Franklin Foer Analysis

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Franklin Foer is a highly acclaimed American journalist, well-known for his eccentric and individualistic writings. His devotion to the World of Soccer has prompted him to write a perspicacious and thrilling book on the sport. The extract is from the book “How soccer explains the world: An unlikely theory of Globalization” which was published on June 29th 2004. The book presents a unique and brilliantly illuminating look at soccer, the world’s most popular sport, as a lens through which to view the pressing issues of our age, from the clash of civilizations to the global economy. Franklin Foer’s commendable use of language and his enviable skills as a narrator, coupled with his first hand narratives and his abundant knowledge of the subject…show more content…
This leaves the writer confused as to where the writer is going with his essay; Foer’s witty narrative offers no consolation for his ill-structured writing. Allen Guttman aptly describes Foer’s thesis as ‘anemic’ claiming it ‘flickers on and off like a lightbulb on its last amps’. (Guttman) At times the writer goes off on a tangent mid-point, discussing everything from parenting styles to the American class system and politics in a paragraph titled ‘how soccer explain the American culture wars’ (Foer, para 6). This might have been forgivable had the author eventually linked the ideas into one coherent conclusion; however this never happens. The entire essay reads more as a series of random musings than the powerful persuasive essay the prologue hints at. The essay’s shortcomings might be explained by the false premise Foer basis his argument on; the fact that he assumes soccer-related behavior explains globalization rather than the more likely assumption that variations in soccer-related behavior are actually explained by globalization. This error of false causation, which the writer incorporates throughout his essay, makes his arguments appear almost irrational. Such an error is not what one would expect from a…show more content…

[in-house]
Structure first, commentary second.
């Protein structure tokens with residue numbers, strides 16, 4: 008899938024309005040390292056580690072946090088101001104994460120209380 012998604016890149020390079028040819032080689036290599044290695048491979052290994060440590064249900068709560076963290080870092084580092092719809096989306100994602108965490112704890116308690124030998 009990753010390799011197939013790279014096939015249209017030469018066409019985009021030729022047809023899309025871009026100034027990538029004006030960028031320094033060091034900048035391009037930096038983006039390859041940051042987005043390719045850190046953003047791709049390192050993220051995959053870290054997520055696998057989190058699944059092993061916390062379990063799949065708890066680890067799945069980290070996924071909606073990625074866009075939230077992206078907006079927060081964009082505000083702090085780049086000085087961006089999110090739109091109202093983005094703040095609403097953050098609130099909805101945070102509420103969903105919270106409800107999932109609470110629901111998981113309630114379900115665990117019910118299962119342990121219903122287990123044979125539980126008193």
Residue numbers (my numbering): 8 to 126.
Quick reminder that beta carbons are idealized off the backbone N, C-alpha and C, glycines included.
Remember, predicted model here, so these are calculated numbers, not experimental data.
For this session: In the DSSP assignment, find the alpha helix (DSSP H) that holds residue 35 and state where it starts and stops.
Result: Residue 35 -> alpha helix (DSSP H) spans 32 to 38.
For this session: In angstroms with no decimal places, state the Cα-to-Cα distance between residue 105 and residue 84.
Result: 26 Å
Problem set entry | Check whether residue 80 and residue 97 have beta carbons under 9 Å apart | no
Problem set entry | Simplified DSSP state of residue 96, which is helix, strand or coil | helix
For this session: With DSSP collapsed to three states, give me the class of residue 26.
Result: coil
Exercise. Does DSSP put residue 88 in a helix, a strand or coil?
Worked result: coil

Reading the title of his book, one cannot rigidly attribute it to a particular genre; Foer’s intention to capture the attention of sports fanatics and current-affairs enthusiasts alike is blatantly obvious through the title of his book alone. However in his attempt to sell more copies he has perhaps written a book that serves neither audience well and thus the writer fails to achieve his purpose. He neither proves the alleged claim of how soccer explains the world, nor does he make soccer appear any more likable to anti-soccer lobbyists, if that were his intention. Foer does bring forth an interesting theory of how traditionalists believe soccer is a ‘threat to American culture’ and an expression of a ‘phobia of globalization’ (Foer, para 13). But rather than clearing the air, his essay offers no defense of soccer in the face of these accusations. Queenan offers an interesting insight into what Foer has managed to achieve with his book, claiming “Foer has written a paean to a sport he loves that will provide even more ammunition to those who loathe it”. (Queenan) Undoubtedly, this cannot have been Foer’s intention while writing the book and hence one can conclude that the author has inadvertently failed both to achieve his purpose and to appeal to a wide audience.

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